[Home Page] [This Week] [Classifieds] [Legals] [Obituaries] [Newsstands] [Subscriptions] [Advertising] [Deadlines] [About Us] [FAQ] [Archives] [Community Links] [Contact Us]

New Scotland Archives — The Altamont Enterprise, December 15, 2011


Christmas crime?
New Scotland home burglarized

NEW SCOTLAND — On Monday, an elderly couple returned from a two-hour shopping trip at Stuyvesant Plaza to find their New Scotland home burglarized.

Their home is located on a main road, Route 156, between the Voorheesville firehouse and Indian ladder Farms.

They had locked their house when they left at around noon. “They broke the lock on the front door,” said the woman. (The Enterprise is withholding the names of the crime victims.)

The couple’s television and computer were untouched, said the wife as she surveyed the small home’s office and living room. “Then my husband said, come here — calmly — to the bedroom. They had opened every drawer. They took some necklaces I had from Casual Set. And they took the pillow case from my husband’s pillow.”

She surmised that was to carry off the jewelry in.

The woman was very grateful that, because she and her husband had recently been on an out-of-town trip, she had taken her valuable jewelry to the bank and it was still in a safety deposit box.

 “I have a ton of hand-crafted, one-of-a-kind pieces I could never replace,” she said. She now plans to leave her valuable jewelry at the bank.

“You really feel violated when this happens,” she said. She is eager to warn others. “I’ve tried to call everyone in my neighborhood,” she said.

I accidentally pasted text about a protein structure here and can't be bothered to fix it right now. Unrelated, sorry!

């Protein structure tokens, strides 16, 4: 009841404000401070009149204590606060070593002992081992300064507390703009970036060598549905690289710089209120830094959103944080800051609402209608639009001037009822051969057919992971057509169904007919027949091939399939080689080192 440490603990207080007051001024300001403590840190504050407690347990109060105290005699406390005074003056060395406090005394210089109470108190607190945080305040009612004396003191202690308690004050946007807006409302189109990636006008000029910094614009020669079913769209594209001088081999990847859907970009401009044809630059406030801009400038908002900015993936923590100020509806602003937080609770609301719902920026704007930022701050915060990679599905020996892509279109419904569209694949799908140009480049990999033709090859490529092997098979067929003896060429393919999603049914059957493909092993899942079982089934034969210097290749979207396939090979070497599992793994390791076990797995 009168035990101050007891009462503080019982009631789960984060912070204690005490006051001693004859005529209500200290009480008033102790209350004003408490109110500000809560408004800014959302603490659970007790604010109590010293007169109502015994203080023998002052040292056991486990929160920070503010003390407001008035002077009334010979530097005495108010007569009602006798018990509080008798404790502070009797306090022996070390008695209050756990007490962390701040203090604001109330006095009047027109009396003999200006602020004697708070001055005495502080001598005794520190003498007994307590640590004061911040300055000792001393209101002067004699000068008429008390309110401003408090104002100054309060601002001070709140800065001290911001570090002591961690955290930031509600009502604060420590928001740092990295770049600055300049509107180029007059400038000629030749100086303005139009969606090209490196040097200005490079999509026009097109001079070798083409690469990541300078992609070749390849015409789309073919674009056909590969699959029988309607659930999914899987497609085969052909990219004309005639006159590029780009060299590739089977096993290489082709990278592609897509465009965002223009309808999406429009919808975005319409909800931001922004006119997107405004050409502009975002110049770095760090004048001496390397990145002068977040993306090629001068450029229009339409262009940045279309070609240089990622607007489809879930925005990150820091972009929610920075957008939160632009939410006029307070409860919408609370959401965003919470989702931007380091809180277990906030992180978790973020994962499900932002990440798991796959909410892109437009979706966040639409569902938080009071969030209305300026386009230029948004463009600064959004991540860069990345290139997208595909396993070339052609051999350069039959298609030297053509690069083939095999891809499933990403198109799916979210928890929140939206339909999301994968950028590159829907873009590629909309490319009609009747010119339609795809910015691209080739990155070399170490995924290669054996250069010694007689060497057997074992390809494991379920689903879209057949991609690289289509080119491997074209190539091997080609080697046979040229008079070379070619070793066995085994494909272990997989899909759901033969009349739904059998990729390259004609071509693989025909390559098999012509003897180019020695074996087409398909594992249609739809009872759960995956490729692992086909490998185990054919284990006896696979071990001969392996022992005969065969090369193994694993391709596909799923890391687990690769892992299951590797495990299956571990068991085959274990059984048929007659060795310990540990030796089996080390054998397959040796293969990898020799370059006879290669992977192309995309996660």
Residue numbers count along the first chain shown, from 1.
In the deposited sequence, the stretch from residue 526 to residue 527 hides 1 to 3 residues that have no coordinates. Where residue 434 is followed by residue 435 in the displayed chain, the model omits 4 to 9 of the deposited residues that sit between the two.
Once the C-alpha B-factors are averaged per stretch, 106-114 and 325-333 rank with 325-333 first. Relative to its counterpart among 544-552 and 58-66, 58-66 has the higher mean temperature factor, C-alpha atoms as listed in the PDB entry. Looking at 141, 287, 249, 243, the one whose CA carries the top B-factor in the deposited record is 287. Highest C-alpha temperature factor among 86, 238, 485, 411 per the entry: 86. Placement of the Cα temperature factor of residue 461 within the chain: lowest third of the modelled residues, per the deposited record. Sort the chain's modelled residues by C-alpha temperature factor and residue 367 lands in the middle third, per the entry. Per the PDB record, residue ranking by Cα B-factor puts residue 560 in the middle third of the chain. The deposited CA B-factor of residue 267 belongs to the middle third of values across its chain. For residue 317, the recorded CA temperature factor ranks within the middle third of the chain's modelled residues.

The couple has lived on the Altamont-Voorheesville Road since 1998 and always before Monday felt safe in their neighborhood, she said.

Inspector Mark Defrancesco with the Albany County Sheriff’s Office, which investigated the crime, said, “Many victims feel violated. She did everything right.”

By this, he meant the house was locked, it was in broad daylight so it was well lit, and there is not a lot of shrubbery in front of the house behind which a burglar could hide, he said.

Sometimes, thieves will read funeral announcements, Defrancesco said, or Facebook posts to see when homeowners will be away. “They were gone such a short time,” he said of the New Scotland couple, “I wouldn’t doubt the person saw them leave.”

He also said, since they live on a main thoroughfare, it makes it easier for a burglar to escape.

“We do not have any suspect at this time,” said Defrancesco yesterday. “We did collect physical evidence that is being processed.”

A neighbor saw a beige car parked nearby at the time of the burglary and, while Defrancesco noted there are many beige cars in Albany County, he added, “Any information is helpful.”

Thieves frequently target jewelry as in the New Scotland case, he said, rather than TVs or computers, which are easier to track with serial numbers.

“Jewelry is easily fenced but not easily traced,” he said noting that, once gold is melted down, it is unidentifiable.

The New Scotland woman who was burglarized said that she gets angry thinking of ads to buy gold. “They might as well say, just go rob some,” she said.

Asked if there had been similar break-ins in the area, Defrancesco said, “There’s not a rash of these — yet.”

He went on, “It is that time of the year…We see an increase around Christmas or when tax money is due… I personally think it’s because then people feel more need for money. We try to increase patrols.”

— Melissa Hale-Spencer


[Return to Home Page]